Washington, DC — Rep. Lucy McBath (D-Marietta) led legislation this week with Rep. Alan Lowenthal (D-CA) to address hazing on college campuses. The Report and Educate About Campus Hazing (REACH) Act would require hazing incidents to be reported as part of a college’s annual crime report and establish a definition of hazing to clarify what constitutes a reportable offense. The legislation would also require institutions to establish a campus-wide, research-based program to educate students about the dangers of hazing. Since 2000, there have been more than 50 hazing-related deaths on America’s college campuses.

Bipartisan companion legislation was introduced by U.S. Senators Amy Klobuchar (D-MN), Bill Cassidy (R-LA), Sherrod Brown (D-OH), and Bob Casey (D-PA).

“The impacts of hazing on young people across our country are heartbreaking and unacceptable, and we have a duty to ensure that schools are a safe environment for our students,” said McBath. ”By setting national standards for anti-hazing programs, we can protect the health and safety of our students and ensure they learn and live in a positive, secure environment.”

“As a father, grandfather, and former professor, the wellbeing of students has always one of my top priorities. I am proud to work with Congresswoman McBath and Senator Klobuchar on this important legislation. The REACH Act would most importantly add hazing to the list of campus offenses that are disclosed in a higher education institution’s Annual Security Report. Hazing is a serious crime, and full transparency of these incidences should be made available to parents and students. The Clery Act currently does not list hazing as a reportable offense, but the REACH Act would close this loophole. My heart goes out to the families that have suffered from incidences of hazing. It is time that we take this important step to protect our students,” said Lowenthal.

“Hazing is a dangerous—and at times deadly—problem on college campuses, and we must work to end it,” said Klobuchar. ”This legislation will require colleges and universities to include hazing as part of their annual crime reports, giving us a comprehensive and accurate understanding of hazing so we can create effective measures to address it.”

“Education and accountability are required to end hazing. The REACH act does,” said Cassidy. ”This keeps students safer which increases parents peace of mind.”

“We have a collective responsibility to protect and support Ohio students – that means addressing the hazing that pervades college campuses,” said Brown. “Hazing should never be taken lightly and cannot be tolerated. By helping to lay the groundwork for students and educators to identify and report hazing, we can provide important tools to prevent this abuse in the first place.”

“Every year, hundreds of students are hurt or killed by hazing on college campuses, yet information and data of these acts often goes unreported,” said Casey. “The Report and Educate About Campus Hazing (REACH) Act would ensure hazing is appropriately reported as crimes and that students are educated on the dangers of hazing. I also want to express my sincere condolences to the Piazza and Braham families—who lost their college-age children to hazing—and thank them for their tireless advocacy to stop hazing and prevent other families from losing their loved ones to these horrific acts.”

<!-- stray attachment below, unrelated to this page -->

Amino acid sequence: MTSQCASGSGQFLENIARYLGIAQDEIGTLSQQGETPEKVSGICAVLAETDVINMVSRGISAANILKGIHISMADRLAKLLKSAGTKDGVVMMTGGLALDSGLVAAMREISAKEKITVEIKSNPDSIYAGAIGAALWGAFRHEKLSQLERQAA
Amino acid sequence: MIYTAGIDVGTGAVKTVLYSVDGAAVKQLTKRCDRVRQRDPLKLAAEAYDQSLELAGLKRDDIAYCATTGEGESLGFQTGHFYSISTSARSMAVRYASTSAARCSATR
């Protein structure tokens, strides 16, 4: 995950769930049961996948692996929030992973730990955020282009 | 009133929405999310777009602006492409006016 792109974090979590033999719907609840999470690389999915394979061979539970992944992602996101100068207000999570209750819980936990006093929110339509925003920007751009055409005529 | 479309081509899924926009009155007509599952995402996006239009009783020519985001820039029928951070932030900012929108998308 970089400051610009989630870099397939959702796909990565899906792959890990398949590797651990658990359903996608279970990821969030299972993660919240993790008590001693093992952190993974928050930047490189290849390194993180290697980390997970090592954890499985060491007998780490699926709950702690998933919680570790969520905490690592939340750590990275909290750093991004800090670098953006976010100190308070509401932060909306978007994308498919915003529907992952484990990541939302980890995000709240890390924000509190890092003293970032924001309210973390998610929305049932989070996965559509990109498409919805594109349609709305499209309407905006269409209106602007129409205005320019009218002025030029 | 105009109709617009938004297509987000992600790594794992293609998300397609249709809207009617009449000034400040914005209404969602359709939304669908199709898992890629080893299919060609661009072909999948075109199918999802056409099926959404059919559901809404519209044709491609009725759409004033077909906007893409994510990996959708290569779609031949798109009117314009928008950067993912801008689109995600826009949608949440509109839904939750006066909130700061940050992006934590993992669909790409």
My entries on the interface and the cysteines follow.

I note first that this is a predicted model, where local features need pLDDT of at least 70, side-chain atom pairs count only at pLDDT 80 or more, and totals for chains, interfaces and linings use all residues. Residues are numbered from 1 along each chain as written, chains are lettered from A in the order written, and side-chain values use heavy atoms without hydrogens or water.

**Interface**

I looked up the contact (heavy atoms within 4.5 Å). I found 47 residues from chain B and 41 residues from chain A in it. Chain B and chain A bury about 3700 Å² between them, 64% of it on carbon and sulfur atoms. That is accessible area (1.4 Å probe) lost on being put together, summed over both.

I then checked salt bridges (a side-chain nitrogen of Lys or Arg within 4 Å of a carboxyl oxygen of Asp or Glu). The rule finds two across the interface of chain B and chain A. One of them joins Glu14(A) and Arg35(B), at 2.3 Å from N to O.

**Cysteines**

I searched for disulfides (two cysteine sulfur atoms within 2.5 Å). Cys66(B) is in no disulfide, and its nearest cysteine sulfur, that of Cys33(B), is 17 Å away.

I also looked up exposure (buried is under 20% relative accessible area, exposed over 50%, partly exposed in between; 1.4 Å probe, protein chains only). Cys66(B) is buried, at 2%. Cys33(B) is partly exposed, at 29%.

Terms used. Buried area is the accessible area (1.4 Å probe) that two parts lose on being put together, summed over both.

“Federal legislation to address hazing is long overdue, and while we wait, lives continue to be lost. The REACH Act will help institutionalize hazing prevention and will standardize how hazing is defined, tracked, and responded to across colleges and universities,” said Jessica Mertz, Executive Director of the Clery Center.

“Passage of the REACH Act will help campus leaders send a strong and clear message that student health, safety, and well-being are vital to achieving the goals of postsecondary education,” said Dr. Elizabeth Allan, Professor of Higher Education at the University of Maine, Principal of StopHazing, and Director of the Hazing Prevention Consortium.

“On March 30, 2007 (almost exactly 14 years ago) our oldest son Gary DeVercelly, Jr. died from a fraternity hazing ritual during Big/Little night at the age of 18. Since his death, the number of identified hazing deaths has escalated at an alarming rate. This year alone we have seen three hazing deaths in the span of one week. We see the reintroduction of the REACH Act as a giant step forward in our battle to eradicate hazing. By requiring accountability, transparency, and education this bill will transform the hazing culture. We know the REACH Act will save lives and make campuses safer. Had this bill been in effect when Gary Jr. went to college, he’d be alive today,” said Gary and Julie DeVercelly, parents of Gary DeVercelly, Jr. (09/04/1988 -03/30/2007).